Mother's Day weekend has, of course, got me thinking about the life long journey of motherhood and being that my oldest will turn 18 in July, I think a lot about how the law tells you that the job is over and how my heart knows that it will never end as long as I'm on this earth. Through all of life's ups and downs, the deep connection that I feel when I focus on the four lives I get to have such a strong role in shaping, make any of life's heartbreaks more than survivable.
Mom's are influencers, quiet shapers of confidence, stability and safety for the kids that we have been blessed with. Mom’s make their mark in small ways that have big time impact over a lifetime. As with anything done successfully, consistency helps solidify a bond that was born in the womb, a jump we have on bonding that the rest of the population will never have or understand. I used to think that providing a protected environment, low in stresses and high in close contact was the way to go and I actually still believe that for the little ones during those physically exhausting early days of parenting. Keeping kiddos from harms way, teaching them how to sleep well, play hard, imagine, create and showing them where their safe place to land is is the foundation for a compassionate and confident teenager and adult. I know firsthand the guilt a mom can carry when safety evades her child and it isn’t a feeling I would wish on anyone. I also know the joy of seeing an imagination at work as I remember so vividly watching Kate, my third born, out the window playing the role of Peter Pan and leading the Lost Boys all through our Neverland backyard. As moms, we are privy to so much beautiful detail if we slow down and take the time to watch.
As my kids get older though, my role changes and I have to start to let them go. My faith makes that a little less scary than I actually thought it would be. As with so many things in my life, when I look ahead of where my gaze should be, circumstances sound so scary, but then when the present moment actually arrives, I am more equipped than I believed myself to be. Giving responsibility and holding them accountable is so much a part of raising them to be the contributors that I hope they will be in this world, and if that is the goal, then letting go becomes a natural part of the process.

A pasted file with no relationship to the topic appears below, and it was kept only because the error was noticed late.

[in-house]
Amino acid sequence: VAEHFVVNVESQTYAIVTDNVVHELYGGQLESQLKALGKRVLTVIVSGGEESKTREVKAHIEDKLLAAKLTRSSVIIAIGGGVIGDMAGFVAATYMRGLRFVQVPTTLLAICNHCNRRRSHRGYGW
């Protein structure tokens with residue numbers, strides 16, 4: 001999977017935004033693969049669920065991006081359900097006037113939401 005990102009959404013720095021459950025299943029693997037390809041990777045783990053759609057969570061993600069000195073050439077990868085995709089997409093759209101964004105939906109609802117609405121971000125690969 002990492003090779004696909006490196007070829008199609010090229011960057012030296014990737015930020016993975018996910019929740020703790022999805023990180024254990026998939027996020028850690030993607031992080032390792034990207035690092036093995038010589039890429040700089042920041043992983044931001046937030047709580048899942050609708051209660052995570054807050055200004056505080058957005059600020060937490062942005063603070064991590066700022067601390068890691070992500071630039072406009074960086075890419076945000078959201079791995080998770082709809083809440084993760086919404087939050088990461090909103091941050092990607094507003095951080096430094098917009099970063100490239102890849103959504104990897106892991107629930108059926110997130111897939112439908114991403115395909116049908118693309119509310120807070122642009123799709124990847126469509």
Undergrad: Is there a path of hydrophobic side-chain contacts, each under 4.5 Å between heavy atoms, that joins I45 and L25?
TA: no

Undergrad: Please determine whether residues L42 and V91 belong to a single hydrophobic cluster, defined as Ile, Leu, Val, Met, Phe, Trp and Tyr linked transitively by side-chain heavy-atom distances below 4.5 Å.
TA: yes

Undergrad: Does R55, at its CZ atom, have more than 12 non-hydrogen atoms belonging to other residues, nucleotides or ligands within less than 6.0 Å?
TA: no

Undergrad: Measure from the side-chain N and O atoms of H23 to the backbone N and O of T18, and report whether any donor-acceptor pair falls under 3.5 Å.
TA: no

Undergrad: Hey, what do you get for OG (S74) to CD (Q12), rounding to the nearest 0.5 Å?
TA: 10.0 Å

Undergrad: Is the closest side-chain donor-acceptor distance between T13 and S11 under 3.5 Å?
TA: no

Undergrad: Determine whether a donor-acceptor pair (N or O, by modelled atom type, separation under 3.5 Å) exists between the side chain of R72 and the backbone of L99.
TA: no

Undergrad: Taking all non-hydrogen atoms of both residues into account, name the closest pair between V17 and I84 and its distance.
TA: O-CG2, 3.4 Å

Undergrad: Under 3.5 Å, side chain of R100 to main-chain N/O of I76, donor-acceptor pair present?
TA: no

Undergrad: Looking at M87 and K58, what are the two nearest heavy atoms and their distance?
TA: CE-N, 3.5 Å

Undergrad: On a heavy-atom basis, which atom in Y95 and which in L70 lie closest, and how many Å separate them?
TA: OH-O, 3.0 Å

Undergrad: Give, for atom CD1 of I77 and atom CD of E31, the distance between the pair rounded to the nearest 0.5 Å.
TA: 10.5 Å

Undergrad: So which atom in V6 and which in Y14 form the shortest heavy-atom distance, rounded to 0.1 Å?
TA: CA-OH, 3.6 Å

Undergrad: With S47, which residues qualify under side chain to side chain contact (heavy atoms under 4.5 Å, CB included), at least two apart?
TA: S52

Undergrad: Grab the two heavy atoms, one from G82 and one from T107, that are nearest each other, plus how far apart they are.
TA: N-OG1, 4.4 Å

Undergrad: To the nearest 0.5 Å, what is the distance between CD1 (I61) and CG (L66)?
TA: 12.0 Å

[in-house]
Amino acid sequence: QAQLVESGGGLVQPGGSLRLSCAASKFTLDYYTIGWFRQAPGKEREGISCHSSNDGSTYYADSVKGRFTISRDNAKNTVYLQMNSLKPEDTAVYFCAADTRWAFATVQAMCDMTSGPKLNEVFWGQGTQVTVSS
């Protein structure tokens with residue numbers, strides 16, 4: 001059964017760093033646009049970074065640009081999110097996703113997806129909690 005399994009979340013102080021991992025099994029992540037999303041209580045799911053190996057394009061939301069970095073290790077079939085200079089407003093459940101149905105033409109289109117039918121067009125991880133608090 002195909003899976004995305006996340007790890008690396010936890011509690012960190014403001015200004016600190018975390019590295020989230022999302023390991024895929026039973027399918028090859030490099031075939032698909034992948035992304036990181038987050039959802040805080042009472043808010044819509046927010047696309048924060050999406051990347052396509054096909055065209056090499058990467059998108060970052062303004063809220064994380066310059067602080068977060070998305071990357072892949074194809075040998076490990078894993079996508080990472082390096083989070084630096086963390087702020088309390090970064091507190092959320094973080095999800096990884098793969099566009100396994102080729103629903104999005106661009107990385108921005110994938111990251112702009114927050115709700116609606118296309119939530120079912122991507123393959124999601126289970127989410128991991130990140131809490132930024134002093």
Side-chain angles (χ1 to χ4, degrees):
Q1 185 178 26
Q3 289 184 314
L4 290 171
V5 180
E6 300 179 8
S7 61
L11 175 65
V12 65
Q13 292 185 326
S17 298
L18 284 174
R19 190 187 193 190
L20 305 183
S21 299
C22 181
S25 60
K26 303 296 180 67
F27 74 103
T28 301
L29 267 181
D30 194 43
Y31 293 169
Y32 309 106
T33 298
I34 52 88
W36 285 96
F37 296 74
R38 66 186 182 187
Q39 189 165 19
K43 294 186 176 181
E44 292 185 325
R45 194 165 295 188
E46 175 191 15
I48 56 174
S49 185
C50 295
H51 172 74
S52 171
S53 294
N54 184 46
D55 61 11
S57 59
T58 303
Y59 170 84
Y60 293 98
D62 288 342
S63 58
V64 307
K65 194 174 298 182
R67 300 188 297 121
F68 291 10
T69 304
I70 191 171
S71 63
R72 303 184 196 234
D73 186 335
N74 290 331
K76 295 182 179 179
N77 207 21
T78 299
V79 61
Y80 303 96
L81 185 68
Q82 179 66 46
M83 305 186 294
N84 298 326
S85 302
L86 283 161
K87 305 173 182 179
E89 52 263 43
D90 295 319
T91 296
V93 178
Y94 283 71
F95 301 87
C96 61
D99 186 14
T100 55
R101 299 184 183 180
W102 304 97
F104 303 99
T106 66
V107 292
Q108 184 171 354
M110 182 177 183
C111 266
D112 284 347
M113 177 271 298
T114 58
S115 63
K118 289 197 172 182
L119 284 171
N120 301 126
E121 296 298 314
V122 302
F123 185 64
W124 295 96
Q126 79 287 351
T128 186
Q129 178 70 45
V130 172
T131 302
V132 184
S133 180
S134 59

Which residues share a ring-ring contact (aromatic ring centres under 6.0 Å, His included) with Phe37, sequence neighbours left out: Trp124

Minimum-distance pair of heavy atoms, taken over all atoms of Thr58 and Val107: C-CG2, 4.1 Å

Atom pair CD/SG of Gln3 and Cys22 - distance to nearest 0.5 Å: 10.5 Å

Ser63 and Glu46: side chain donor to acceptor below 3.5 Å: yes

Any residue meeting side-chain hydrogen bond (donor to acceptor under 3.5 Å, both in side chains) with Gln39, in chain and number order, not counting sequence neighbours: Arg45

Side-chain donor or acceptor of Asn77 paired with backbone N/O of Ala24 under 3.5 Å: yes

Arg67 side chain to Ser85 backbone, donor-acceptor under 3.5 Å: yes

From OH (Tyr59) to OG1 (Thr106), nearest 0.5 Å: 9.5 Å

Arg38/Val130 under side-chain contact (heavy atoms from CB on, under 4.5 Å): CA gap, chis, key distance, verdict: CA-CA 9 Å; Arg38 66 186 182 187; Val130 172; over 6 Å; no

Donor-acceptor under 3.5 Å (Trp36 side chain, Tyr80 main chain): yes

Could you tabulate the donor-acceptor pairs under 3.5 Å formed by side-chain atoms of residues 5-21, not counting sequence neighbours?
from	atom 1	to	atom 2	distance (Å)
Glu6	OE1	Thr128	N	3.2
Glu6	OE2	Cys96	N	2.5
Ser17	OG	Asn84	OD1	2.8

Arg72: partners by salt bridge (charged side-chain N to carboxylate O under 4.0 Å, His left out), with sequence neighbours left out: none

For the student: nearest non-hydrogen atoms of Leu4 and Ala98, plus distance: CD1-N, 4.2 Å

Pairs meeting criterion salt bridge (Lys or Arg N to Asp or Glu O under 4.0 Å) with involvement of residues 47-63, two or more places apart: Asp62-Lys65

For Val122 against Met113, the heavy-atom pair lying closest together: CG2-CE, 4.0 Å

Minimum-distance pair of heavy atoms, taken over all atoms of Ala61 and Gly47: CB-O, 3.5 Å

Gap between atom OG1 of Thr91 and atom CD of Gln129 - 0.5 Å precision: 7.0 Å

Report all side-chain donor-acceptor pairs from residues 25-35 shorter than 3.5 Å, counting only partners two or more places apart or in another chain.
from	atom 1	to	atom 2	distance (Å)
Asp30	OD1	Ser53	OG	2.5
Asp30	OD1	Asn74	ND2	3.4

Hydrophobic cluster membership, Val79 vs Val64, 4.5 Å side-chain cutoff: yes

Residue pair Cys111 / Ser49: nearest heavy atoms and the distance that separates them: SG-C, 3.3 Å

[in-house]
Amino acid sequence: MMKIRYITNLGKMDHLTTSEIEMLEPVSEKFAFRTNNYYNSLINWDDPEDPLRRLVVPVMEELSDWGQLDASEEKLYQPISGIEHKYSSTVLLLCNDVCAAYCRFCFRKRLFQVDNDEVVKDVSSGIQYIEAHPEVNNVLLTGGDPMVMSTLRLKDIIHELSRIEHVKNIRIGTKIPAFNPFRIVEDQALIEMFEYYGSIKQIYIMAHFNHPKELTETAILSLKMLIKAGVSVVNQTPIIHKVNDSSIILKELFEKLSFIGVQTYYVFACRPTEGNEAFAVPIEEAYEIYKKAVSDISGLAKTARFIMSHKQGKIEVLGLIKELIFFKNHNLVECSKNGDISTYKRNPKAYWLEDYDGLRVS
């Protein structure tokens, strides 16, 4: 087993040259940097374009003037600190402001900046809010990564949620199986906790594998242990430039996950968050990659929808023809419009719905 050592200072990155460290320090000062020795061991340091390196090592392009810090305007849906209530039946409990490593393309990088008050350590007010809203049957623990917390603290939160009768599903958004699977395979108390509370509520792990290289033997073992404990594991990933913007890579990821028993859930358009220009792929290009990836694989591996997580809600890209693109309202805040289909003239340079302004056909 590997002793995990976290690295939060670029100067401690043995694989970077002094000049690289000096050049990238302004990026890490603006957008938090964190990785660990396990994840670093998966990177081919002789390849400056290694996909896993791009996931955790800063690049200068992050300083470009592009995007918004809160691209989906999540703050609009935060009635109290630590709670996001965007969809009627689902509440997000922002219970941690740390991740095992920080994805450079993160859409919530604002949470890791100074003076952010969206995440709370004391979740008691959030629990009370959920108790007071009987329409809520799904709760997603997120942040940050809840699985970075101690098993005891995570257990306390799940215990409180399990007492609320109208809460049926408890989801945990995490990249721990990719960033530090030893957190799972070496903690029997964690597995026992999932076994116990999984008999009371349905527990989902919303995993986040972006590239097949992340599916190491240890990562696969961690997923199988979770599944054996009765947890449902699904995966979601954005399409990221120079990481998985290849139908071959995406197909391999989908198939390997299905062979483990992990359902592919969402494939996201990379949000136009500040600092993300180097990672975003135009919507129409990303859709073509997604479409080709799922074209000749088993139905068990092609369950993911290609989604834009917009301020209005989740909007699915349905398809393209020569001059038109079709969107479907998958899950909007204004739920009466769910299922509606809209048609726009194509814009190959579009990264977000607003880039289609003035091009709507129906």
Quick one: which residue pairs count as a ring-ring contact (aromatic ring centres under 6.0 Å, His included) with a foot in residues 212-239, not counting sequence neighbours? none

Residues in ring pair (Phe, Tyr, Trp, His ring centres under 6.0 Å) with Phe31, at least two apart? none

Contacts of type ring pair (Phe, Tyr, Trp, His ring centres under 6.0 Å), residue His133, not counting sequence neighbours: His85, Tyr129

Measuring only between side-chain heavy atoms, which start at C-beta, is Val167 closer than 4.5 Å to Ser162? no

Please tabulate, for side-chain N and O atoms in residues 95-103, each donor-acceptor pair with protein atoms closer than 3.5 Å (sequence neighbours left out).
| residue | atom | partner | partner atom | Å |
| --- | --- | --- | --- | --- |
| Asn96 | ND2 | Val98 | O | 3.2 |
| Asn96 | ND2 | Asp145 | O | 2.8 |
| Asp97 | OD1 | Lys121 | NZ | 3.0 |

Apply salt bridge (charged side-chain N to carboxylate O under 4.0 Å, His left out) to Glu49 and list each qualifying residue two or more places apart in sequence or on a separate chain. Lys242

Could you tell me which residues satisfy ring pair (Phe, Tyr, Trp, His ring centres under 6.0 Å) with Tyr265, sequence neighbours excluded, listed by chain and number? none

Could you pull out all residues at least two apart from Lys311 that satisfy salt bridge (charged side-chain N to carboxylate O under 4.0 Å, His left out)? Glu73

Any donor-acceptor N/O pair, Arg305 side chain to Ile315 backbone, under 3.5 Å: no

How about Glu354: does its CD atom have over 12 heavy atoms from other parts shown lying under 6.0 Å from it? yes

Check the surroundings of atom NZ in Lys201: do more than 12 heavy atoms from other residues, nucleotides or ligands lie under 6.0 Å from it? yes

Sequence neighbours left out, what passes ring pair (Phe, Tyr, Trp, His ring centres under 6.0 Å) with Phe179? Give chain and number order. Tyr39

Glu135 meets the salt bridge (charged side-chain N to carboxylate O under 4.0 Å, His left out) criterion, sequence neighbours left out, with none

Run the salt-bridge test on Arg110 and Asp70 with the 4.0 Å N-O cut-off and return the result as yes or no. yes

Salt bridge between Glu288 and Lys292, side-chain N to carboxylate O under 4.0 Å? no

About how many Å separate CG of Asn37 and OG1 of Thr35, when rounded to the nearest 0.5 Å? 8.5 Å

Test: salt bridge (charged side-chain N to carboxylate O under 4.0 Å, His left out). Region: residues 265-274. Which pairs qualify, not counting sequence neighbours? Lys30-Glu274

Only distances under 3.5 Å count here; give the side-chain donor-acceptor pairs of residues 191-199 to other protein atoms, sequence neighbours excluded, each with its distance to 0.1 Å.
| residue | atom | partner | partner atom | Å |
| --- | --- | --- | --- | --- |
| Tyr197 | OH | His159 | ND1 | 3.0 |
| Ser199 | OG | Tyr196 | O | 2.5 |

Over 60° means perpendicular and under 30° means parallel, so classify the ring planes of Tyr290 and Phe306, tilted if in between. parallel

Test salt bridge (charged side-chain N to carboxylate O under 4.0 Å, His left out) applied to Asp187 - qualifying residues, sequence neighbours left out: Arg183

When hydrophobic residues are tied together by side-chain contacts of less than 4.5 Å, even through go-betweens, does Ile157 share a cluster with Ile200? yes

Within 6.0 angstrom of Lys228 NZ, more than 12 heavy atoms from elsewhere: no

Over my life, I have lacked confidence in so many areas, but never in my ability to be a good mom. It’s not because I know what to do in every minute but more because I find so much peace in knowing there is never one right answer. Parenting is an art, not a science and where intention is good, parents and kids usually find their way through some pretty sticky situations over the years.
Before my marriage ended, family dinner was something that I always looked forward to. I felt like the dinner table was my board room and instead of agendas and reports, stories and wisdom could be passed around on a regular basis. I had a beautiful dining room, comfortable chairs and every so often I would get people to linger long enough to get my fix of the best conversations on topics from preschool playgrounds to the Wall Street Journal and so many things in between. The kids would take turns telling their stories from the day…you could actually feel the bond being created. I grieve this time deeply today but also know that life always has a way of changing and new stages of awareness seem to present new opportunities to connect and learn from each other.
My kids are used to the philosophical wisdom that dances around in my head, and they each take it in a little differently. My oldest, Lauren, who is 17 and an old soul to begin with, loves to engage and build the conversation with me. My second born, Luke, who just turned 16, and is a very bright kid despite the one word answers he gives frequently in a deep low toned voice that resembles nothing of the little Thomas the Train loving kid that used to be my carwash buddy, listens respectfully but usually doesn’t feel my level of passion for deep conversation. My twelve year old Kate laughs, occasionally rolls her eyes and has even compared me to Grandma Tala from Moana, as if I am some hippie chick telling everyone who passes to follow their heart…but deep down I know she really gets it. My youngest, Matthew, who is 11 and also on the autism spectrum, takes most conversation so literally it’s hard to get the philosophy in sometimes, but then all of a sudden he chimes in with some shamanic wisdom that beats all of us…you just never know when that will be. This blissful combination of personalities is what makes my life amazing and every moment that I get to share and listen, not just at the dinner table, one of connected amazement for the people they are becoming.
Although everyone is different and I have wonderful memories of the early years, pushing strollers, filling sippy cups and waiting for nap time so I could get a little something done, pale in comparison to the big challenges of raising older kids. There aren’t enough hours in the day with the schedules that they all keep (and let’s be honest, they actually don’t want to sit and philosophize with me all day) to say what you want to say. I have started to think of my blog as my extended moment at the dinner table, sealed in time so that as they grow and aren’t with me as much, maybe they will take a look at it and know where my head and heart were at certain points in time.
Happy Mother's Day to all of the mom's out there. Your impact is great. Keep doing what you do.